August 10, 2012
FTC Bags Big Game On Safari Hunt: Google Agrees To Pay $22.5 Million Fine — The Largest Fine the FTC Has Levied For Breaking an Agency Agreement — for "Misleading Consumers About Privacy Practices" As a Result of Tracking Activity on Apple's Safari Browser
Google is paying a record $22.5 million fine to settle allegations that it broke a privacy promise by secretly tracking millions of Web surfers who use Apple's Safari browser. The penalty announced last week by the Federal Trade Commission matches the figure that the AP and other media outlets had reported last month — and it's the largest fine that the FTC has imposed against a company for violating a previous agreement with the agency. To settle a previous case, Google had signed a 20-year agreement that, among other things, included a company pledge not to mislead consumers about its privacy practices. The FTC opened its investigation after a researcher at Stanford University revealed that Google had overridden Safari privacy settings, but Google isn't admitting any wrongdoing, an AP news release reports. The agency determined that Google "placed an advertising tracking cookie on the computers of Safari users who visited sites within Google's DoubleClick advertising network." The issue, the FTC said, is that Google had assured those users that they would be automatically opted out of the tracking because of Safari's handling of third-party cookies, CNET reports.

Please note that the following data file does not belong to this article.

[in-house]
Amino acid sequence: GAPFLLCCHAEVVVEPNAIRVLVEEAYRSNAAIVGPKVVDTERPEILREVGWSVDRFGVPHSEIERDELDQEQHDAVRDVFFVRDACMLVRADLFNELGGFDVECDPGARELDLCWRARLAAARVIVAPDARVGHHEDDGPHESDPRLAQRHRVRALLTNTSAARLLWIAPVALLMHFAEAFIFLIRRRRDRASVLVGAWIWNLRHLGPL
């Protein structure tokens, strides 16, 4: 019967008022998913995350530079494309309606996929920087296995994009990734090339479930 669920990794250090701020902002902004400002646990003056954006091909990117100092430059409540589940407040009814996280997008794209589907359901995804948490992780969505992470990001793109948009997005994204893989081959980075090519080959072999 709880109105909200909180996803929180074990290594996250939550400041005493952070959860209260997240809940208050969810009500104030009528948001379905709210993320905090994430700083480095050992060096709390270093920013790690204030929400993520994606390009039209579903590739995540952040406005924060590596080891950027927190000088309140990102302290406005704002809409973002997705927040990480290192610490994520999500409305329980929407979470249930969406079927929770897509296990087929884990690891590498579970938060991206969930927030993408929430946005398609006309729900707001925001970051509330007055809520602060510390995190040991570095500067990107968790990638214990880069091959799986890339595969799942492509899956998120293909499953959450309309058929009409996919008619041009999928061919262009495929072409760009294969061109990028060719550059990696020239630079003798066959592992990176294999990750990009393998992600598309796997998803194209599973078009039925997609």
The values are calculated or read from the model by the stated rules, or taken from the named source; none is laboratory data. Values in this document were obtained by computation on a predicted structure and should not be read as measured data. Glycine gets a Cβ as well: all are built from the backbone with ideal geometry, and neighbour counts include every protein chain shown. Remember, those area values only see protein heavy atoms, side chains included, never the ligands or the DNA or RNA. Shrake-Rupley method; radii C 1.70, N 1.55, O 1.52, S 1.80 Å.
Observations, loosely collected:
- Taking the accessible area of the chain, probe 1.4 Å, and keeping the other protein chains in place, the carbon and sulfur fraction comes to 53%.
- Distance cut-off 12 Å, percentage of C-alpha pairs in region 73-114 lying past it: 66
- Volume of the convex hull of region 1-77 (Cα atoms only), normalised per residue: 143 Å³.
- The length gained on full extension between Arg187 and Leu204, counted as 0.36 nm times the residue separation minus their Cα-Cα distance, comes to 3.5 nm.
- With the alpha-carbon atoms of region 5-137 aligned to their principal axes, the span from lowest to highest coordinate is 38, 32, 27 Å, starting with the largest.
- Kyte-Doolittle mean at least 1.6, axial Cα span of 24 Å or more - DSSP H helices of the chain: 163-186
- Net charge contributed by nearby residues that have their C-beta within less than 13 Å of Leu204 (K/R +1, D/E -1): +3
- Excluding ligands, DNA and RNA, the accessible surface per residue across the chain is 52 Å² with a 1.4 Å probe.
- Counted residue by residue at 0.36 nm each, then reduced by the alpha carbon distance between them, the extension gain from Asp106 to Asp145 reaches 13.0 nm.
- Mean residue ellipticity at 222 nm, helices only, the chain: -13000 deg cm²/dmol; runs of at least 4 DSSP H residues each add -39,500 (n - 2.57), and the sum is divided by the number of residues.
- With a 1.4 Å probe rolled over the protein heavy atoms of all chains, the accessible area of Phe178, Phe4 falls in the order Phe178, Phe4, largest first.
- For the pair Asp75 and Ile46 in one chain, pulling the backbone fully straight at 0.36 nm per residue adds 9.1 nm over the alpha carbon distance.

"The record setting penalty in this matter sends a clear message to all companies under an FTC privacy order," Jon Leibowitz, the commission's chairman, said today in a statement. "No matter how big or small, all companies must abide by FTC orders against them and keep their privacy promises to consumers, or they will end up paying many times what it would have cost to comply in the first place," he added, CNET reports.
For its part, Google said that it takes privacy very seriously, and has set in motion the removal of the advertising cookies. "We set the highest standards of privacy and security for our users," a Google spokesman said in a statement. "The FTC is focused on a 2009 help center page published more than two years before our consent decree, and a year before Apple changed its cookie-handling policy. We have now changed that page and taken steps to remove the ad cookies, which collected no personal information, from Apple's browsers," the statement continued, reports CNET writer Don Reisinger.